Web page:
Ford stock and NUA. There is an important special rule about employer stock held in your retirement account called Net Unrealized Appreciation, or NUA. Many Ford folks we know have Ford stock in their SSIP. This special rule says you can take your employer stock out of the SSIP at the lower of cost or market. Cost is your basis in Ford stock, which you get from the plan custodian. So if you bought Ford stock in your SSIP back in the spring of 2009 at $2 a share and Ford is $11 today, you have $9 of NUA. You can take the Ford stock out in-kind, and your taxes will be on the $2 a share. When you sell the Ford stock, regardless of how long you hold it, the gain is long-term capital gain. This can be a great planning tool if you have appreciated Ford stock in your SSIP. This only works if the stock has appreciated, so if your basis is $12 a share, and it’s worth $11, the rule doesn’t apply. Also note that the NUA rule only works if you have not taken any distributions from the SSIP, so you need to apply NUA before any rollovers. Complicated stuff, so talk to someone knowledgeable if you are considering it.
Age 70½ or older. There are Required Minimum Distribution (RMD) rules on SSIP and the pension lump-sum once you leave Ford if you are over age 70½. In the pension, Ford uses an annuitization method, so they force a distribution to you of the amount of pension you would have taken during the year. This can cause a lot of tax liability if you took a buyout, got paid and had an RMD in 2019.
If you take it, what do you do with it? If you do take the buyout, what do you do with the after-tax proceeds? In our example, a Ford employee receiving a $90,000 buyout may net about $68,000. What to do with the $68,000?
- Knock off some debt. I’m a big fan of getting rid of debt, but only if you erase it and don’t replenish it. Paying off $20K of nondeductible debts like credit cards, unsecured lines of credit, or car loans, saves you the payment and the interest. So if the choice is to pay off a $20,000 car loan with 4.9% interest and a $450 payment or pay down a 4.9% mortgage, pay the car loan off. You gain the $450 a month, which you can pay on the mortgage, or, use for living, or save. Knocking off debt is like making an investment: you keep the interest you save.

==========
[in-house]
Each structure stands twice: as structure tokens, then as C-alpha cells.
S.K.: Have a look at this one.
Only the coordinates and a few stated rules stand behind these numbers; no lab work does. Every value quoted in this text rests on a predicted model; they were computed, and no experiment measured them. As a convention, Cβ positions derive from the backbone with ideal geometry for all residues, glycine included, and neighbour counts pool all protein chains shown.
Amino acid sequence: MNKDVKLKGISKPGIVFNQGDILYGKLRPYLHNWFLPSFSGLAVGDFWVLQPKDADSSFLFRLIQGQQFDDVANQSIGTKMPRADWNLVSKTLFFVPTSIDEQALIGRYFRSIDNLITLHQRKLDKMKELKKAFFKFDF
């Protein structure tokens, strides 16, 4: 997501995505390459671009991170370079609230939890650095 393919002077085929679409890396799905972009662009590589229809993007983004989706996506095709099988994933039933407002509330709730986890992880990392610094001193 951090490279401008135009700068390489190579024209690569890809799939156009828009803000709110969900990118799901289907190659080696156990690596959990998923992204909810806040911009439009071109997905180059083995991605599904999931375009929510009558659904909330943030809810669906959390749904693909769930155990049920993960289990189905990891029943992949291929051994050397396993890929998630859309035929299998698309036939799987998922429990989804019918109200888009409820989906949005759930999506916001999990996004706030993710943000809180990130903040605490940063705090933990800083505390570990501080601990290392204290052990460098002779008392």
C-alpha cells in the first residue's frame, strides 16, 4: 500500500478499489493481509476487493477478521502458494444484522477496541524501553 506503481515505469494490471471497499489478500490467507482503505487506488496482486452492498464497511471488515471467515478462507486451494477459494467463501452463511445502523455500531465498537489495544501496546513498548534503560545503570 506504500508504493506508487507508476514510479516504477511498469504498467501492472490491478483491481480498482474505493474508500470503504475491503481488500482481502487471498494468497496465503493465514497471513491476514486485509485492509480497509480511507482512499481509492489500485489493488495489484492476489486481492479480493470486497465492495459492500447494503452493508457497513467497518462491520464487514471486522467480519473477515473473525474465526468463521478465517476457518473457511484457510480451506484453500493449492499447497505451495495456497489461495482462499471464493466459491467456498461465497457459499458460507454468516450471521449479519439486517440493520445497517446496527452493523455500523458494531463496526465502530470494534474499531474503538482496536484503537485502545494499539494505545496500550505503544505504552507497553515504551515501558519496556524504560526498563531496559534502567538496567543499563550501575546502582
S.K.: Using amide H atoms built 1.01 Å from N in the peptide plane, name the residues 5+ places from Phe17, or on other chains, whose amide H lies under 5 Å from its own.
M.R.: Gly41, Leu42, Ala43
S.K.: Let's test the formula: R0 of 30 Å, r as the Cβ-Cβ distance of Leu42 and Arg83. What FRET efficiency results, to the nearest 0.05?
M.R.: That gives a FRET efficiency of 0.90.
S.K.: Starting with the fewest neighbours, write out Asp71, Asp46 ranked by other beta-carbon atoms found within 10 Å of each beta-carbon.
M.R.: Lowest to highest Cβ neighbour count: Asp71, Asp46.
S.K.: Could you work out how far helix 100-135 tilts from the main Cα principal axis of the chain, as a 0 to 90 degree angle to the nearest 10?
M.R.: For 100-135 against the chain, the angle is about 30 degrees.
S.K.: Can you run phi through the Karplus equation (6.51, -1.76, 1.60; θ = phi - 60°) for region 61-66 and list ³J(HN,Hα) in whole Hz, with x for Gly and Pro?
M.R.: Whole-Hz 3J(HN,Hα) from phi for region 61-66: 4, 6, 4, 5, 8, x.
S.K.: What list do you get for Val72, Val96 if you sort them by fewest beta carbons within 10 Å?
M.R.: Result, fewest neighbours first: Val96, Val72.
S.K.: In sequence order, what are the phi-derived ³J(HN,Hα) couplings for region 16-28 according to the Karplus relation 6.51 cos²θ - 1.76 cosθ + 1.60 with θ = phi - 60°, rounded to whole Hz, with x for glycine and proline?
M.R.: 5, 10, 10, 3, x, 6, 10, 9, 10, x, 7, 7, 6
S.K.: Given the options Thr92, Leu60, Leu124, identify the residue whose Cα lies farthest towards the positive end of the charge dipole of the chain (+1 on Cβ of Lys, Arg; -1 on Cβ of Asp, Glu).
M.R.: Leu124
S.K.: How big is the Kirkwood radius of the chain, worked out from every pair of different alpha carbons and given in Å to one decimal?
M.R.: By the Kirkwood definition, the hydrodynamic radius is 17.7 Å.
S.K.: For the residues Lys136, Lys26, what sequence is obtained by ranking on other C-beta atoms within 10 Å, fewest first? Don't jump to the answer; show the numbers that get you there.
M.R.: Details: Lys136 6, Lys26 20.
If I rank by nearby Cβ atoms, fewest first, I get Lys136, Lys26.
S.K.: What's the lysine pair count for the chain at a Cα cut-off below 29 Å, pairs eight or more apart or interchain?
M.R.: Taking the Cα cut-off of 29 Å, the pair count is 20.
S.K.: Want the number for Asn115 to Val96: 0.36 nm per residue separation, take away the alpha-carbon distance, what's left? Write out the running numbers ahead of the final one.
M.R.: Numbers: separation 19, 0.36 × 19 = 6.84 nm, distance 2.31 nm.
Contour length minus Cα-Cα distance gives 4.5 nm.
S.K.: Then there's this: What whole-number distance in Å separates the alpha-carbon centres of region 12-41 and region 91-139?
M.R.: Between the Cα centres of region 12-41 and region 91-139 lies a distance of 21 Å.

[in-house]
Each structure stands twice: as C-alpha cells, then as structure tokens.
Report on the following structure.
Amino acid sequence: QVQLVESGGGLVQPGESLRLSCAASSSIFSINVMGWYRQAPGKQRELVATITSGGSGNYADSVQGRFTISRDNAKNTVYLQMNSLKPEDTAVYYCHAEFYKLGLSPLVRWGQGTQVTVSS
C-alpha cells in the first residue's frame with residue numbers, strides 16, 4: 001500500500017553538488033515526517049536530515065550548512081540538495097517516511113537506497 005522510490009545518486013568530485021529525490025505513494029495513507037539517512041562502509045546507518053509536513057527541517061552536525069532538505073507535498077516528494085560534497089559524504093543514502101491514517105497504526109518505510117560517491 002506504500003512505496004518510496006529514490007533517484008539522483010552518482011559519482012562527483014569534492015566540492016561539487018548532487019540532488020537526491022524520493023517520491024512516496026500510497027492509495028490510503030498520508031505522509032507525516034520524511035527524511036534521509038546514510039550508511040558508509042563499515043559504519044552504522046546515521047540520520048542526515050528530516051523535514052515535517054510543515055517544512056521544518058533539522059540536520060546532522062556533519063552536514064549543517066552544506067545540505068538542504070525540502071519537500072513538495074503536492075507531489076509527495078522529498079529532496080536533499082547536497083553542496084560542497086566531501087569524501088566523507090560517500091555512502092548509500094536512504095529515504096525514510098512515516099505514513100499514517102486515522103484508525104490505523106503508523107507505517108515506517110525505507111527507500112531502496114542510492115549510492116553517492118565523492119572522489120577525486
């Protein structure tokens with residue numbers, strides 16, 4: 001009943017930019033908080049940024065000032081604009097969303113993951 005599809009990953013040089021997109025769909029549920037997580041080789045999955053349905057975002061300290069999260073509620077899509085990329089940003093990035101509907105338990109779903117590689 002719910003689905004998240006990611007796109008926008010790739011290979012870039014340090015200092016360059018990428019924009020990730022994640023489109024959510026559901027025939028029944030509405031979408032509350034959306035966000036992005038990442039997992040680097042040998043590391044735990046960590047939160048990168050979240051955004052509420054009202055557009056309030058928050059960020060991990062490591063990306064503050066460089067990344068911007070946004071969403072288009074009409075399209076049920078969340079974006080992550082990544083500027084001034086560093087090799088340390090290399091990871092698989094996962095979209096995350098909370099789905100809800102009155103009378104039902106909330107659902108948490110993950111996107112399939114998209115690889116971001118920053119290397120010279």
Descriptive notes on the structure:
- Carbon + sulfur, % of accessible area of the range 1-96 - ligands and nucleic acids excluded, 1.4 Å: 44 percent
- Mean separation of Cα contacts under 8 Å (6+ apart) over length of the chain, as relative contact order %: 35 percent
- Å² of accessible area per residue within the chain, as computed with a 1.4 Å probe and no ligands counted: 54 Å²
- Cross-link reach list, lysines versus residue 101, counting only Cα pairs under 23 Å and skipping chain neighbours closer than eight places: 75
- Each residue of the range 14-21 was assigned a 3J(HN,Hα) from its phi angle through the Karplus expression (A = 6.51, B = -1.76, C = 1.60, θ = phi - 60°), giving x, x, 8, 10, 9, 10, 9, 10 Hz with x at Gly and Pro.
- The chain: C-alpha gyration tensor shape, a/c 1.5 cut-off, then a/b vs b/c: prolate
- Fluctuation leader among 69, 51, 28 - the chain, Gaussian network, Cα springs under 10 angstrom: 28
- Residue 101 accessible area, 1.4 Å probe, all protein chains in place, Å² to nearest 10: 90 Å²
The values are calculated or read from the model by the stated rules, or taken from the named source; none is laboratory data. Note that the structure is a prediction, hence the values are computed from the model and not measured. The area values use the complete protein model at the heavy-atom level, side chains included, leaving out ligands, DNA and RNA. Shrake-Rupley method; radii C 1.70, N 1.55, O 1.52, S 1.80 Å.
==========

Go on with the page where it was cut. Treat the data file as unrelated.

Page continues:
- Bridge a gap. Some, probably many folks who take the buyout will not kick back and retire, but will go look for another job. In this case, stash the money in a nice safe place (bank, credit union, or maybe Ford Interest Advantage) and draw it as your reserve.
- If you already have a job or a retirement lined up, save and invest it. You’d probably want to set up an investment account and buy some tax-advantaged investments. These may include municipal bonds (which generate tax-free interest), dividend-paying stocks, or index funds. Watch the loads and fees. Be sure that you title the investment correctly. Use a ‘Pay on Death’ (POD) beneficiary designation or title the account in the name of your Revocable Living Trust. (We have a free book on estate planning here. You can request one in print through email or phone, or download with the link.) There are also opportunities to maximize your spouse’s savings plans, or even a ‘side-door’ Roth, which is a nondeductible IRA that is converted to a Roth. It allows you to make Roth contributions even if you are over the Roth income limits. We cover this in our book 50 Good IRA ideas, which like everything else I’ve offered, can be obtained from us for free.
Bottom line: The bottom line of this buyout discussion is that this is an important and complicated decision. There are lots of things to consider and a good plan is important. If you receive an offer, you have a significant opportunity to make some important decisions. Make a plan, and evaluate all the options. If you want to talk to one of our advisors, please contact us (email@example.com, web form, or call 248-641-7400). We can have a live or virtual meeting. We offer a one-hour complementary consultation. We’d need some information before our conference to give you the best possible advice. I hope you enjoyed this paper and hope it gave you food for thought. Best wishes on your journey.